Mortgage demand at two-year high

Mortgage approvals jumped to a two-year high in January, according to lending figures from the Bank of England.

Some 74,581 mortgages with a total value of £13.9 billion were approved for house purchases in January, the highest figure seen since 76,104 approvals were recorded in January 2014.

The spike in approvals comes as consumer credit expanded at its fastest rate for a decade, growing 9.1pc to match January 2006.

The Bank of England money and credit report showed the amount being borrowed by consumers rose in January by £1.56 billion.

It brings the total amount of consumer credit for January to £179.5 billion.

The sharp expansion in consumer credit will fuel concerns that people are relying too heavily on personal loans, credit cards and overdrafts to make ends meet.

Samuel Tombs of Pantheon Macroeconomics said: "British households are back to their old ways and are piling on debt again. With borrowing costs still  falling, consumer confidence high and banks willing to lend, indebtedness will only increase unless the Bank of England acts."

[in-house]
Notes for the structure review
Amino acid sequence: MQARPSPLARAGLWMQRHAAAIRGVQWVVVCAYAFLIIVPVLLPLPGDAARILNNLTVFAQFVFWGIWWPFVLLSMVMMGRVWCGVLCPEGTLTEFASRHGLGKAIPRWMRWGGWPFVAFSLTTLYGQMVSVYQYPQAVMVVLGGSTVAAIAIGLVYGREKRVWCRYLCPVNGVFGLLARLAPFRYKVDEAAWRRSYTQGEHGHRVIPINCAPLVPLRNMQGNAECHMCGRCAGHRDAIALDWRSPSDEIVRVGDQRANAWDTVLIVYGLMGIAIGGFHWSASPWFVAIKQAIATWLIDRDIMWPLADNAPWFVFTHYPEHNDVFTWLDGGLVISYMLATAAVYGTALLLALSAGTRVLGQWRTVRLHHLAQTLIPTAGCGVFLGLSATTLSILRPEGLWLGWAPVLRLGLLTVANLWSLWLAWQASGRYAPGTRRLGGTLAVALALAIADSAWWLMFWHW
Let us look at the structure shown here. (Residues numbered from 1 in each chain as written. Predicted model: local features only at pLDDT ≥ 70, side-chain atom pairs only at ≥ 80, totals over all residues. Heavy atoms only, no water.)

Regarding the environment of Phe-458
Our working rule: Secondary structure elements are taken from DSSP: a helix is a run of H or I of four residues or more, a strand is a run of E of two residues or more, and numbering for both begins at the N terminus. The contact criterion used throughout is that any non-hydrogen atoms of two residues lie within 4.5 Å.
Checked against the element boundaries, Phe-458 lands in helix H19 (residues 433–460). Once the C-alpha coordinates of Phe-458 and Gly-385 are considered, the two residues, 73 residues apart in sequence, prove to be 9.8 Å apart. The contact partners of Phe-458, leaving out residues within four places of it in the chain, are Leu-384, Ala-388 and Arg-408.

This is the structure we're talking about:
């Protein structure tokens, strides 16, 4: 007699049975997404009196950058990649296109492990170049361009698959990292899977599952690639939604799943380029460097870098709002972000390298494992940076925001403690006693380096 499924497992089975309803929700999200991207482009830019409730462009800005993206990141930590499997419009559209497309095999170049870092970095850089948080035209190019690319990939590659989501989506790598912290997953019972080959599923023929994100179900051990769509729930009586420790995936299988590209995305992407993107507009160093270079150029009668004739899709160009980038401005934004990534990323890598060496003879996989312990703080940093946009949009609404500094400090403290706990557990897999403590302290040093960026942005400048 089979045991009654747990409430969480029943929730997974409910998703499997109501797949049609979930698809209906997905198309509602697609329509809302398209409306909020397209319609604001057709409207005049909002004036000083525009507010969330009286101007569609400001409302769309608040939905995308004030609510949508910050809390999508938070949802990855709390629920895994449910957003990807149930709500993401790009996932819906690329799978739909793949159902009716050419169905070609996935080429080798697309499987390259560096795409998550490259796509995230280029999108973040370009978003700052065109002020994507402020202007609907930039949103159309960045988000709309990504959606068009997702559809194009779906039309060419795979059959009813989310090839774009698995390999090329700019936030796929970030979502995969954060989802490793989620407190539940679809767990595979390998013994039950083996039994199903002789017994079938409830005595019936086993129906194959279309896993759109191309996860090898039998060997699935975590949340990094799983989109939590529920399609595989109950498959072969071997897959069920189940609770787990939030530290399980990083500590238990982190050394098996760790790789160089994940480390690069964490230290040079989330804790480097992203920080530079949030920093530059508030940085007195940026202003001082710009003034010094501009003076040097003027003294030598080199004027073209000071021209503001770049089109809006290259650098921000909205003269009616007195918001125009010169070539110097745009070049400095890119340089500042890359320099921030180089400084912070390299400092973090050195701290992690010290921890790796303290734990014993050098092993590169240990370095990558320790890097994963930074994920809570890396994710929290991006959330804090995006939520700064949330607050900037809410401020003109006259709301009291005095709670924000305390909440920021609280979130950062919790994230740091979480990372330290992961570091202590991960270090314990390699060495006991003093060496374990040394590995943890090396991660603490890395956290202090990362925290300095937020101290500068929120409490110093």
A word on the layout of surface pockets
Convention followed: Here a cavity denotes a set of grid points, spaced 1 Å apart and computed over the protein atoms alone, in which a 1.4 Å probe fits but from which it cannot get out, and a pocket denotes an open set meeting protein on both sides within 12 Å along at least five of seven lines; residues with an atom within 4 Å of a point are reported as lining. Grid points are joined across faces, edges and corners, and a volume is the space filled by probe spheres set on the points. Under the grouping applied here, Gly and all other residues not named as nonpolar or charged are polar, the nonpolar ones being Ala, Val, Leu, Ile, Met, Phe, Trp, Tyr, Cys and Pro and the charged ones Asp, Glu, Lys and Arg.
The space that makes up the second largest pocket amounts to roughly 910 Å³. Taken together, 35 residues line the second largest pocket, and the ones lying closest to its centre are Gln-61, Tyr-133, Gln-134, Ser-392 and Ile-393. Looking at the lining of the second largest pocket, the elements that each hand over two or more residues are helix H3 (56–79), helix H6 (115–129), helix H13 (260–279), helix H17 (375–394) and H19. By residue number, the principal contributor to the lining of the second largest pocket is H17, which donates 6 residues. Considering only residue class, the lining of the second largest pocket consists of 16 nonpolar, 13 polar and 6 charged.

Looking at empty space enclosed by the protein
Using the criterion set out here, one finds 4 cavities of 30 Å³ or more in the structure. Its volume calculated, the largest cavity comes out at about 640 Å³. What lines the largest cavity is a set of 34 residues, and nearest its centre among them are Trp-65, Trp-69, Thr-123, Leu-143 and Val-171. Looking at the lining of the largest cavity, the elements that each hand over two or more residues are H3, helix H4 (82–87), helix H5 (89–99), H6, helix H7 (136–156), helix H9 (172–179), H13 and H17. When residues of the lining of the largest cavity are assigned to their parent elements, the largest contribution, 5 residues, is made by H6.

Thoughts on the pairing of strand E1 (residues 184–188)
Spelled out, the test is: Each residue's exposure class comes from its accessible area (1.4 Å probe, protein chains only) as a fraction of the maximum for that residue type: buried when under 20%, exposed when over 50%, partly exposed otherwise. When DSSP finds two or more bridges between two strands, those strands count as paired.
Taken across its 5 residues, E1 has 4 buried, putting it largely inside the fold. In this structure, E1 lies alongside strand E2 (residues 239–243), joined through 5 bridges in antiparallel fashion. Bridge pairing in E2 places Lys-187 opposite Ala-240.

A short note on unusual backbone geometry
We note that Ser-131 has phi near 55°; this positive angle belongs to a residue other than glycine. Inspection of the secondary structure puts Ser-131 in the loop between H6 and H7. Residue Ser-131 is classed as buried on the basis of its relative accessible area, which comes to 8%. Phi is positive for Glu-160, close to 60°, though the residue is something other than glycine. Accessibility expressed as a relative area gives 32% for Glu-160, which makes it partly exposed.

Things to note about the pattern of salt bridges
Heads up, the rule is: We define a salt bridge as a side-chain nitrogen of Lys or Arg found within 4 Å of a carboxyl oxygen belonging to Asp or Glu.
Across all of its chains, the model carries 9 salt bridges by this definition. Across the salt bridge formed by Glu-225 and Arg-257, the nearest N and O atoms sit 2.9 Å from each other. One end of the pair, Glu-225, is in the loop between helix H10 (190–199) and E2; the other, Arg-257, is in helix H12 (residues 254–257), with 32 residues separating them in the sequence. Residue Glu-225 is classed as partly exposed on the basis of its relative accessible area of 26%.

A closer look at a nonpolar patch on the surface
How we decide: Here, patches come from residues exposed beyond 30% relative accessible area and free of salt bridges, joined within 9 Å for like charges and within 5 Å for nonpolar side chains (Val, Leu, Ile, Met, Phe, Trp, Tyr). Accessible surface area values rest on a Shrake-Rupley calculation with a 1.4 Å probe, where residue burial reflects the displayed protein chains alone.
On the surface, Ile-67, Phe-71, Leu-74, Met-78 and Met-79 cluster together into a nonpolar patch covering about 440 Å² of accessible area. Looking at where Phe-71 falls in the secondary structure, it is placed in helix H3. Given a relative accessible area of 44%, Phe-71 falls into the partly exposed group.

He expects the Bank to order two increases in rates this year, although the wider market expects no rise for several years.

Howard Archer, chief UK and European economist at IHS Global Insight, said the swell in mortgage approvals dovetails with the forthcoming rise in stamp duty.

Buy-to-let landlords will face a 3pc hike in stamp duty from April 1.

He added: "This could well exert upward pressure on house prices in the near term. Post April, this move may modestly dilute housing market activity and upward pressure on prices."

The UK's recovery has been driven by consumer spending, but most economists want to see an increasing amount of this spending come from rising disposable income levels, rather than a build-up of unsecured debt.

Mr Archer added: "Bank of England governor Mark Carney has stated that UK growth is not reliant on growing debt levels among households, and it is true that household debt levels have come down from the peak levels seen in 2009. Furthermore, household wealth levels have picked up.

"Nevertheless, it is important that consumers do not become increasingly tempted to take on excessive debt and also that bank lending standards do not slip."